Bringing Up Old Feelings
At some point during the recovery process, things will get very real. Understanding one’s addiction will eventually require some painful self-reflection. You’ll need to look at what caused you to succumb to the temptation that ultimately led to your addiction. Being honest with oneself is the only way to treat the root causes of your addiction. Family problems during recovery are very common and both the addict and his family members must approach recovery with their hearts and minds open.
As you look back to theses things, you might find that your addiction was caused by any number of things. Here are some of the more prevalent influences:
- Rejection – either by a parent, a family member or partner;
- A general lack of love – being part of a family or a relationship where you don’t feel loved might play a role;
- A lack of understanding – especially true among younger addicts as they struggle to transition from those awkward teen years where they don’t fit in socially;
- A lack of attention – parents who aren’t actively involved in their children’s lives effectively give up their role as parents to the child’s peers. The child may do anything to feel welcome among his peers and experimenting with substances can occur;
Dealing With The Things That Drove You To Addiction
While the above points are just a few examples, there’s more to addiction than certain needs not being met.
In many cases, addicts are dealing with feelings of inadequacy or have self-esteem issues. Under severe conditions, it’s not uncommon to look for an escape. People with these characteristics are especially sensitive to verbal abuse. Continued verbal abuse can play a big role in self-esteem.
In cases where love is absent from a home, a divorce might trigger a profound reaction and conceivably, drive one to the “escape” offered by substances.
A failed marriage or romantic relationship can be another trigger.
Physical or sexual abuse can be one of the most powerful triggers of addiction.
These events, as tragic as they might be, are usually not enough to plunge someone into addiction. There are deeper issues, sometimes going back decades, that have torn down the will power, self-esteem and self-control that most people possess.
As the addict descends further and further into an abyss, at some point, it’s time to call an addiction hotline.
Mental health issues, large or small, can play a role in one’s addiction. While the addict might not even be aware that he’s suffering from some sort of mental issue, it’s important to look at this during recovery. Treating co-occurring disorders is essential to a proper recovery plan as ignoring the issue is a recipe for relapse.
A proper treatment facility will conduct a diagnosis to determine whether or not any existing mental illness issues exist and can help develop a treatment plan.
One of the family problems during recovery is understanding that other family members might think everyone is capable of managing stress in the same way. An addict feels compelled to abuse when stress levels reach a threshold that is almost always far lower than that of a non-addict. As such, it’s tempting for parents to tell their kids to “suck it up,” but the reality is that no amount of tough love will change how an addict copes with his emotions or stress.
The truth is that everyone manages stress differently. Beating addiction will require re-training of the addict’s brain to cope with stress, channel their energy and resolve conflicts.
Escape From Reality
One of the saddest things we hear from recovering addicts is that their addiction served as an escape. In some cases, it was escape from a hostile home setting. In others, it was living in a town with no opportunity. In others, it was physical or sexual abuse.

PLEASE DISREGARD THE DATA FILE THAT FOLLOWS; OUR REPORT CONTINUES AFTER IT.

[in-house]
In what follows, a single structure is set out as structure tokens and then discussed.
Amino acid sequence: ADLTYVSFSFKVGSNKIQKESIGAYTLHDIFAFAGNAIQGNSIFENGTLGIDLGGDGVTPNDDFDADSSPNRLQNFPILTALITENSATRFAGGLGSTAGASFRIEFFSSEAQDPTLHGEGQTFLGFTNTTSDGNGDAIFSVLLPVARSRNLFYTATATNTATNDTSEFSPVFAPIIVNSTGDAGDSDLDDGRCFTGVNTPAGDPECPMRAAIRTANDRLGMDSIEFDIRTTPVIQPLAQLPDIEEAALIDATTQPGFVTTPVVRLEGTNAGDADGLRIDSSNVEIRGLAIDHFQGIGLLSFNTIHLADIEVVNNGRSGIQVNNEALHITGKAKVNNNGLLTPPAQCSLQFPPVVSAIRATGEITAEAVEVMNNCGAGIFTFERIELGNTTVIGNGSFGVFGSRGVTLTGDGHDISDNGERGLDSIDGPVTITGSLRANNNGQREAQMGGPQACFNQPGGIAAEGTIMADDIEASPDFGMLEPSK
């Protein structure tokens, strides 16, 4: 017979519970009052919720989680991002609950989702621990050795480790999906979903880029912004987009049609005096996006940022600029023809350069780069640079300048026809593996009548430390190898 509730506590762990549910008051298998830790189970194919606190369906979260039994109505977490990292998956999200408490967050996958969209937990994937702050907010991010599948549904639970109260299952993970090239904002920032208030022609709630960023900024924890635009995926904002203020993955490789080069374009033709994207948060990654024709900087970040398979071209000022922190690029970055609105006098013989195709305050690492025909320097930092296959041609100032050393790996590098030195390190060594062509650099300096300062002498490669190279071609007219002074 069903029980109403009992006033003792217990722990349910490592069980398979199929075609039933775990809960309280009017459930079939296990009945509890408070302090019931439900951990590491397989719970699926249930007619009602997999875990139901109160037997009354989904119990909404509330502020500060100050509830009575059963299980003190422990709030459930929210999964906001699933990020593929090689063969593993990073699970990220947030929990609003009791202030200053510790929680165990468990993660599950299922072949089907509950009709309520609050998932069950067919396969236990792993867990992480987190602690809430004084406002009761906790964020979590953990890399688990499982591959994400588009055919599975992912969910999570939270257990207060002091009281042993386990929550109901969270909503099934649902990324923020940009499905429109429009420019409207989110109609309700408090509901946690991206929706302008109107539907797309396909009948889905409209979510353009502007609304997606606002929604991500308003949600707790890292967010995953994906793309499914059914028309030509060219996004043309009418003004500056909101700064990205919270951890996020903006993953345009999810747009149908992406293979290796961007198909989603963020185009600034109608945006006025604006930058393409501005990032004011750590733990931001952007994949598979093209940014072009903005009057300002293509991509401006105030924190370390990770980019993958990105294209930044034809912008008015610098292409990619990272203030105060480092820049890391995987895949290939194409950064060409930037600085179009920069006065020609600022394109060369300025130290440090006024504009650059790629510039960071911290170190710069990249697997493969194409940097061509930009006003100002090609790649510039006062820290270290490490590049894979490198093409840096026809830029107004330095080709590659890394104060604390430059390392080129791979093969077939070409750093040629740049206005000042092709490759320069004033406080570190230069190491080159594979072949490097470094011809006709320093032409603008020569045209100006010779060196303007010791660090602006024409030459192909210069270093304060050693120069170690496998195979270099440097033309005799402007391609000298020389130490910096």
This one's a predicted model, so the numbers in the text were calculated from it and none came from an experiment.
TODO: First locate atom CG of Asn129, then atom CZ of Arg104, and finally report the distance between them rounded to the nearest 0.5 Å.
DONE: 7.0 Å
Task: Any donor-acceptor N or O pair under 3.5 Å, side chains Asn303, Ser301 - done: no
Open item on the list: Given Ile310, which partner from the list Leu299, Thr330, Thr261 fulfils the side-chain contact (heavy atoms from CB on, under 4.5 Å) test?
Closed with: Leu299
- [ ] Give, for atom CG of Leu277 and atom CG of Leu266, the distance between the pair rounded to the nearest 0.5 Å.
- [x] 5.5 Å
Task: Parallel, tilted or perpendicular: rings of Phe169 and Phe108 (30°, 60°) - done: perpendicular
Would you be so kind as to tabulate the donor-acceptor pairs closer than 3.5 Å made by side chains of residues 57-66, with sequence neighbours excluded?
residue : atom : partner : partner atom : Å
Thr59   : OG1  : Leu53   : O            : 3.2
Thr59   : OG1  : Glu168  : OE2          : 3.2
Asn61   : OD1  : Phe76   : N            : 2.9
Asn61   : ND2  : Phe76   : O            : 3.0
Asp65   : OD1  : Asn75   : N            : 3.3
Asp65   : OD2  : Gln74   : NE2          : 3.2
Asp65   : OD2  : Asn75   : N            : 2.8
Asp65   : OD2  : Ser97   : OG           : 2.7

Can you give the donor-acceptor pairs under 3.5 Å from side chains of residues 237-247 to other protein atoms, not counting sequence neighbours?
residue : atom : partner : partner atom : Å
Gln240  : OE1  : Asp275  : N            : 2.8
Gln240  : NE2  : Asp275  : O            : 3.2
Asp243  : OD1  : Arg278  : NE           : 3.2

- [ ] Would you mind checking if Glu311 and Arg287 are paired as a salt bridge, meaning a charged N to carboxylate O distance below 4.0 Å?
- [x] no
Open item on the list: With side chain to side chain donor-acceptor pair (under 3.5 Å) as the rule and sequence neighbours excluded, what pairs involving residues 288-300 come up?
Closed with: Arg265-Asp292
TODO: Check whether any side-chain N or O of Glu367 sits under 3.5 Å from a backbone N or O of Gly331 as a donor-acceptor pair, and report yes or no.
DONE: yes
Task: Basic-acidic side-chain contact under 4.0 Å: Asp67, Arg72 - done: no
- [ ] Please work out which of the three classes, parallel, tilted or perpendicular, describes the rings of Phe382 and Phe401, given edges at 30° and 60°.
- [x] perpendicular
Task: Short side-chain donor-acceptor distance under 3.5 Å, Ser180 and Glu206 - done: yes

For people in these settings, addiction provided a way to cope with harsh realities of their daily lives. Family members were either uneducated, disinterested or unequipped to counsel or comfort the addict before he started abusing substances.
Others turn to addiction after major setbacks in their life. These might include a divorce, failed romance or job loss. Depression, if not treated quickly, can turn into something far more serious and ugly.
Dealing With Family Problems During Recovery
Who’s really to blame for one’s addiction? One of the family problems during recovery is the temptation to place blame squarely on the shoulders of the addict. While it’s true the addict made a choice to get high the first time, continuing substance abuse is not a choice – it stems from chemical changes in the brain.
The addict is less motivated to initiate change or seek treatment when a part of him recognizes the addiction as a form of escape from his seemingly unpleasant reality.
Repairing broken relationships is part of the focus of recovery. This can only be done when the addict is clean, sober and has the presence of mind to recognize that his actions were harmful to others. By the same token, family members must acknowledge and take ownership of their role in the addiction.
As counseling continues, at some point, a recovering addict will get the opportunity to sit with his family members and speak openly about what drove him to addiction. Family members are often shocked to learn that they weren’t there in the time of need. Addicts are similarly shocked to learn that their families simply didn’t know what to say or do.
These sessions sometimes start off angry and confrontational but then can become healing and reinvigorating.
Family problems during recovery are natural. Some family members will not like what they hear when they realize they played at least some role in the addiction. Whether it was enabling, denial, inattention or abusive behavior, honesty and openness is necessary on both sides.
The “awakening” we see in recovering addicts is especially interesting. With all transgressions laid bare on both sides of the addiction, the true healing can begin.